Industry, Congress have eye on and the public, private sector role in digital identity

Two tech industry groups are pushing for the federal government to adopt a “technology-neutral approach” to how it manages digital identity.

Two tech industry groups are pushing for the federal government to adopt a “technology-neutral approach” to how it manages digital identity. d3sign / Getty Images

The Software Alliance and Enterprise Cloud Coalition calls for a “technology neutral” solution to digital identity in a recent letter after Congress directed GSA to promote a policy of multiple credential service providers.

Two tech industry groups are pushing the federal government to take a “technology-neutral approach” to digital identity in a recent letter to top White House leaders.

The Software Alliance — also known as BSA — and the Enterprise Cloud Coalition asked top White House actors to “reaffirm” a commitment to “technology neutrality” for digital identity in a Feb. 3 letter shared with FCW to Chris Inglis, the national cyber director who just announced his retirement; Anne Neuberger, deputy national security advisor for cyber and emerging tech; and Eugene Sperling, American Rescue Plan coordinator. 

The proposal is potentially at odds with the General Services Administration’s plan to have its platform be the primary secure sign-on system in government.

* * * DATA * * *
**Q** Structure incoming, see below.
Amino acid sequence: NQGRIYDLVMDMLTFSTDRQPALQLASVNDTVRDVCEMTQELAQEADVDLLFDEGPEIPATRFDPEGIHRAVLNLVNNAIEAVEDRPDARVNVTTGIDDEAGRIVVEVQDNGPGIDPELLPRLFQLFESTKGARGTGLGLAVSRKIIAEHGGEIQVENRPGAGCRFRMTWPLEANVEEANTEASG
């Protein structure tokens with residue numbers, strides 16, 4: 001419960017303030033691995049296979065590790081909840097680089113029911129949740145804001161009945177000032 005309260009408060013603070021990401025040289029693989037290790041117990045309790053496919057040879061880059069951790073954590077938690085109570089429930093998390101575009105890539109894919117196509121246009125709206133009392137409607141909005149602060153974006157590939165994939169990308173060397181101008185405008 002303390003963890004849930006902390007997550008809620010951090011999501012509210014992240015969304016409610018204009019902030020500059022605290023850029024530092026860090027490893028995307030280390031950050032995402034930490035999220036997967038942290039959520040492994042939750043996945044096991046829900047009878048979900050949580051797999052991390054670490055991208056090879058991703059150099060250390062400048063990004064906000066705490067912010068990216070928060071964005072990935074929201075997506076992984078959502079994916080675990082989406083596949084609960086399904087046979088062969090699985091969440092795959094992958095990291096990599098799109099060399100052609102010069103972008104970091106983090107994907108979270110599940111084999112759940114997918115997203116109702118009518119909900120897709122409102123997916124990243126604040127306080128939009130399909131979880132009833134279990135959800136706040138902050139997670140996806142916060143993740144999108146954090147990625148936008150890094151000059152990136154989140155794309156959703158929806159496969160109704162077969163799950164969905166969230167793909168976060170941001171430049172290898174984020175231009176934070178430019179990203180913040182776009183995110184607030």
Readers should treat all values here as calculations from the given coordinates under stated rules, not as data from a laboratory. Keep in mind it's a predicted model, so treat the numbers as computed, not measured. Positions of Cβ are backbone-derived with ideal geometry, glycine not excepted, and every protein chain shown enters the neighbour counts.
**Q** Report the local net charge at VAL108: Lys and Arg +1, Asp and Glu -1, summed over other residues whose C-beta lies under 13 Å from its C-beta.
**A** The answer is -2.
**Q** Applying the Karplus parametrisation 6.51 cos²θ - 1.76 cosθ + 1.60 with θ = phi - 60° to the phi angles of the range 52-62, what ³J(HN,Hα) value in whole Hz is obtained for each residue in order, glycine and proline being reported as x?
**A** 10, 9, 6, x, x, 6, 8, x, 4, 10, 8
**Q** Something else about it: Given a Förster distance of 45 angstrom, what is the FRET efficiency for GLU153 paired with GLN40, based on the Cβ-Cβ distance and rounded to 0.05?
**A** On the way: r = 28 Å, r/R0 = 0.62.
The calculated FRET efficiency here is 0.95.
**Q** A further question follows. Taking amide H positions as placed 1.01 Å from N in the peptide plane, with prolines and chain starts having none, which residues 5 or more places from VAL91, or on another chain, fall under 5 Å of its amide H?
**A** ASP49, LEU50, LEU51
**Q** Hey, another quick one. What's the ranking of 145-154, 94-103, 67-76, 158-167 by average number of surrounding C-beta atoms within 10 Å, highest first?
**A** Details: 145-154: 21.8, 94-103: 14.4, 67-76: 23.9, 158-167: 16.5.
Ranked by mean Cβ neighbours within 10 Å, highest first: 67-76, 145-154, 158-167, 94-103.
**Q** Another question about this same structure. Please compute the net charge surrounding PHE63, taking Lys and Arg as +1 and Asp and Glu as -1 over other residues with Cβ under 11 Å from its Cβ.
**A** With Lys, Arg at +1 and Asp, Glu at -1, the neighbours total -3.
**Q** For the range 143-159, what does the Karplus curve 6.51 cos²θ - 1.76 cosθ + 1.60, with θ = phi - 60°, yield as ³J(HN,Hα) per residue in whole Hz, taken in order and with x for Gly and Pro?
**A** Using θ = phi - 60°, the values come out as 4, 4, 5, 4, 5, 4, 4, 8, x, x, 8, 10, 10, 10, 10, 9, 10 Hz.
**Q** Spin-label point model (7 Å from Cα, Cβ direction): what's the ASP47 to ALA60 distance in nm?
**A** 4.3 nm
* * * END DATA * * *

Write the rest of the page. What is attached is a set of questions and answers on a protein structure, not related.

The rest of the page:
The letter also follows language in the explanatory statement from Congress for the latest appropriations omnibus directing the General Services Administration to pursue a “government-wide policy that leverages … multiple credential service providers.”

Those developments come as the government continues to grapple with digital identity, or how to verify individuals online, in the context of continued fallout from fraud during the pandemic, much of which occurred via identity theft.

At stake for industry vendors is both the extent to which government agencies are encouraged to look to the market for identity solutions as well as the extent to which GSA itself goes to industry to power “can't come out and say no, because they all see this as a chance for them to make money working with, but … they also want to sell their own identity proofing products to the federal government and the to state and local [governments], so it’s a weird, delicate dance,” a former administration official who has worked on identity issues in multiple agencies told FCW. The individual asked not to be named as they were not authorized to speak to press in their current role.

“This letter reflects BSA's view that the U.S. government should continue to support an open marketplace for digital identity solutions,” Henry Young, director of the alliance, told FCW via email. “The U.S. government should not select either a specific solution developed by industry or one the government develops itself because it inhibits innovative approaches to cybersecurity.” does use “over a dozen private-sector tools and services,” according to GSA’s 2022 budget request, including LexisNexis capabilities for identity verification and fraud prevention. 

But GSA has chosen to build its own customer identity and access management functions – a category including things like single sign-on and customer registration – for instead of buying them from vendors, said Jeremy Grant, former senior executive advisor for identity management at NIST and current coordinator of Better Identity Coalition.

The industry letter comes soon after Congress also signaled its interest in and identity policy in the government funding package for fiscal 2023 passed in December.